New rules for issuing microcredits to Russians came into force: experts revealed the essence

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Recall the essence of the July innovations. From now on, MFIs will not be able to accrue on new loans for up to one year more than 0.8% of the debt amount per day (previously it was 1%), and the total overpayment, including interest, commissions and penalties, will not exceed 130% of the amount loan (previously it was 150%). At the same time, the maximum payment for the full cost of the loan will also decrease from 365% to 292% per annum. The terms of issuance will also apply to loans up to 10 thousand rubles for up to 15 days. It will charge no more than 1% of the special loan per day (before July 1 it was 2%), the maximum amount of interest and commissions will be no more than 15% (before July 1 – 30%).

It should be noted that in Russia, according to official data, more than 17 million citizens are clients of MFIs. Only last year their number increased by more than 3 million. At the same time, as one of the credit bureaus calculated, as of the end of 2022, over 40% of microloans have a repayment delay of more than 90 days.

Against this background, the new requirements for MFIs are a continuation of the systematic work of the Central Bank of the Russian Federation to restore order in the microcredit market. A few years ago, in this market, 1000% per annum on a microloan was the norm. Today, the rate is limited to 0.8% per day or no more than 130% per annum. Of course, such rates are also very high, but these are not those wild thousands of percent per annum.

“Clients of MFIs will definitely feel these changes,” says Lazar Badalov, Associate Professor at the Faculty of Economics of the Peoples’ Friendship University of Russia. “On the one hand, there will be a decrease in overpayments, but on the other hand, MFIs will begin to refuse their borrowers more often, because they will begin to assess their financial situation more strictly.” Here you need to understand that at a rate of thousands of percent per annum, as once, MFIs were ready to distribute loans to everyone in a row – all the same, the money was more than “beaten back”, and now, when rates have dropped by almost 10 times, the selection of borrowers will surely become stricter .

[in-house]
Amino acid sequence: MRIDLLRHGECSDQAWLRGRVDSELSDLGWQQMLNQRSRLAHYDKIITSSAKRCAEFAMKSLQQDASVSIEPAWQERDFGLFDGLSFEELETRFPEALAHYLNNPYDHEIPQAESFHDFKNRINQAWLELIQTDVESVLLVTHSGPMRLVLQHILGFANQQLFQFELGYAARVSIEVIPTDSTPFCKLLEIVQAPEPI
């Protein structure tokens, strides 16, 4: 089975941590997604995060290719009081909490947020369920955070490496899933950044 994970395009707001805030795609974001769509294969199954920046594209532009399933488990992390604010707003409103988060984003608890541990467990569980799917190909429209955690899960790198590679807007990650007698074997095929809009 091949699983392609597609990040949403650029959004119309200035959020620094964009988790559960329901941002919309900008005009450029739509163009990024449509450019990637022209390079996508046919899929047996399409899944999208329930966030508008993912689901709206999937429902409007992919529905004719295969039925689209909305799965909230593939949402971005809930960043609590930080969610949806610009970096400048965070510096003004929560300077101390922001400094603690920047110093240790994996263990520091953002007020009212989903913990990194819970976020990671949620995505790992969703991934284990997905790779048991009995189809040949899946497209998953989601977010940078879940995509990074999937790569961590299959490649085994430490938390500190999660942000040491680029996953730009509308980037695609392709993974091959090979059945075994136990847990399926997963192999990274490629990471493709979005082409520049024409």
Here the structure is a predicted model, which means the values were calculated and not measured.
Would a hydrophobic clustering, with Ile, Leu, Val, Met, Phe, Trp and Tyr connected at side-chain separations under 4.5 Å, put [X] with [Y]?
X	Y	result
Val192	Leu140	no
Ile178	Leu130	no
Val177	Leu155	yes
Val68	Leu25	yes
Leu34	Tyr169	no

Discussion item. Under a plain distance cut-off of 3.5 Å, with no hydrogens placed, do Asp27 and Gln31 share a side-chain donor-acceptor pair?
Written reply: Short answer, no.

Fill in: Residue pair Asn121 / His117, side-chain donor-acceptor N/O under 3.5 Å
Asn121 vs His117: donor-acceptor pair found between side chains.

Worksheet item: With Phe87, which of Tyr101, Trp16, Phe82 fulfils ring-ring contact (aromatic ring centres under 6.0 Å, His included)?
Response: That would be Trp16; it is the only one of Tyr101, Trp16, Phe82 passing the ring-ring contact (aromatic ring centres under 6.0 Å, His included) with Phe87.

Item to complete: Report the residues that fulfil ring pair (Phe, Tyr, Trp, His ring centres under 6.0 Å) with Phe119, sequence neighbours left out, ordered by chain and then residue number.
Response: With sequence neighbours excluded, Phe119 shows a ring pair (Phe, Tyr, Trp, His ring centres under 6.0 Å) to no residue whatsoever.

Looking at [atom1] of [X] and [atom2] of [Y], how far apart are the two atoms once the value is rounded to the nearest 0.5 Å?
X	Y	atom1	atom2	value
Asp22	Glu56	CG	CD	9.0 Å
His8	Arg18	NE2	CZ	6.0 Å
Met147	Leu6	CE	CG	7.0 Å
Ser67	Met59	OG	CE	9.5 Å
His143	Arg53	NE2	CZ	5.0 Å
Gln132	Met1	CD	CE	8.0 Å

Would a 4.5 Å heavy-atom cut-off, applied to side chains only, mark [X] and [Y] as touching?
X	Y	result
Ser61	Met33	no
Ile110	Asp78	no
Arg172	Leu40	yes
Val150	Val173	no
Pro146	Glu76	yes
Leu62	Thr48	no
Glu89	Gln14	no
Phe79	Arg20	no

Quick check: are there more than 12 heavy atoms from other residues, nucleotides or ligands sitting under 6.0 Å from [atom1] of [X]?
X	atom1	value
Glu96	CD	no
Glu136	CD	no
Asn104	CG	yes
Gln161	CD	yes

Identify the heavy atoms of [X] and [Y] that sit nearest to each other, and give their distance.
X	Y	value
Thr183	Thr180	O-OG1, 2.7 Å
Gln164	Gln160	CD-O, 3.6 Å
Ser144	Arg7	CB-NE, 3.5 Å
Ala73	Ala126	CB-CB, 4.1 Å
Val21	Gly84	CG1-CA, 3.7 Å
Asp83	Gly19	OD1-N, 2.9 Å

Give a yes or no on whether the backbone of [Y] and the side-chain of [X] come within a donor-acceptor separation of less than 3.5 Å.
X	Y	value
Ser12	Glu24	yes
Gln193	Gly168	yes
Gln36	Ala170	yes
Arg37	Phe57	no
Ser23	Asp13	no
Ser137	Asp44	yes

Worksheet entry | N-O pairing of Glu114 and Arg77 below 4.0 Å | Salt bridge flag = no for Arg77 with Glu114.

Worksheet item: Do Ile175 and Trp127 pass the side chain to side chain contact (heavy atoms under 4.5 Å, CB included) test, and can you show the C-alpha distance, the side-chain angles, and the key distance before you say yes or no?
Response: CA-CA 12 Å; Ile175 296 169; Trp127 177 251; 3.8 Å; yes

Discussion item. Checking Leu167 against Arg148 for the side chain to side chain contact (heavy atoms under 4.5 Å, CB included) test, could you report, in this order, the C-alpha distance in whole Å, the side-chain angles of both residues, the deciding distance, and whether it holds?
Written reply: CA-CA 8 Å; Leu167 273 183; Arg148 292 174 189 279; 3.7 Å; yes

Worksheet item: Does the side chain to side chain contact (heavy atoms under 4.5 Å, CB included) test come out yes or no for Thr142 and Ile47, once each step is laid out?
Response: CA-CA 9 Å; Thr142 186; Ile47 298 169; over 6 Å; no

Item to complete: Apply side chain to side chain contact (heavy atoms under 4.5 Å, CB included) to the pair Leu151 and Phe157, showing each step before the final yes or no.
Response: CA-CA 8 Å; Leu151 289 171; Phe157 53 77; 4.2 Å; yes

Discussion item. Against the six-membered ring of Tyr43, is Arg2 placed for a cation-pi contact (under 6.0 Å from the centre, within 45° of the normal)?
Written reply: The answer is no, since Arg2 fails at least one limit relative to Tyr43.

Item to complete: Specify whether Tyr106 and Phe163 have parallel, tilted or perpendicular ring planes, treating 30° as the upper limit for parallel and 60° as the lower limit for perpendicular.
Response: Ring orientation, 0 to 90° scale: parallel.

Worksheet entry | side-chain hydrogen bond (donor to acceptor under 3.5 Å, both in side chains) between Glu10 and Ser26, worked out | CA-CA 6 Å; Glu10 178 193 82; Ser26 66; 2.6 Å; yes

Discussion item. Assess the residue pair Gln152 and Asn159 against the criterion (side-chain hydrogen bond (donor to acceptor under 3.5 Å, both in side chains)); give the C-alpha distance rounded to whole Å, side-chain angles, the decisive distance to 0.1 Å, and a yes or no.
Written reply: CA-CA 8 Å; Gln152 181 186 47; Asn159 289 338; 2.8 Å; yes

Nevertheless, the expert is confident that the microfinance market will continue to grow: there will be fewer borrowers, but the amount of loans will begin to grow. According to him, there is a gradual convergence of lending conditions between banks and MFIs, which in the future will lead to some migration of customers from one financial institution to another.

The innovations that have come into force can only be welcomed, they will somewhat lighten the debt burden of borrowers, believes, for his part, Alexander Balakirev, a specialist at the law firm Intercessia. At the same time, he points out that those percentages that are now prescribed in the conditions, even taking into account the new restrictions, are still far from what banks can offer. But the peculiarity of the clientele of MFIs is that banking services are not available to them for one reason or another.

“The advantages of the innovation, of course, lie in the fact that this is a trend towards more “human” conditions for the borrower (despite the fact that even these conditions are far from the concept of a “comfortable loan”), the MK interlocutor believes. “The disadvantages for MFIs are also obvious: the potential profit is getting smaller, but the risks remain at the same level, given the low income level of the population in general and their audience in particular.”

The expert believes that the July change in conditions will not lead to an increase in demand for microloans: “For the borrower, the conditions do not change dramatically, this is still a huge interest in case of non-payment.”

Dmitry Yanin, Chairman of the Board of the International Confederation of Consumer Societies (ConfOP), assesses the new terms of microloans much more critically. “There is no need to feel any high expectations from the decision to slightly reduce the usurious rate, which is still almost 300% per annum. MFI loans have remained super-expensive,” he says. At the same time, the expert recalls that in developed countries, usury is prohibited in principle, while in our country, if it is impossible to prohibit, the maximum cost of microloans should be limited to at least 30% per annum. “The volume of debt to MFIs will continue to increase, because the legitimacy of this activity remains, and the issuance of online loans is growing,” continues Yanin. And he draws a disappointing conclusion: “The decision taken is an imitation of regulation in the field of protecting the rights of consumers of financial services, and it is ineffective.”

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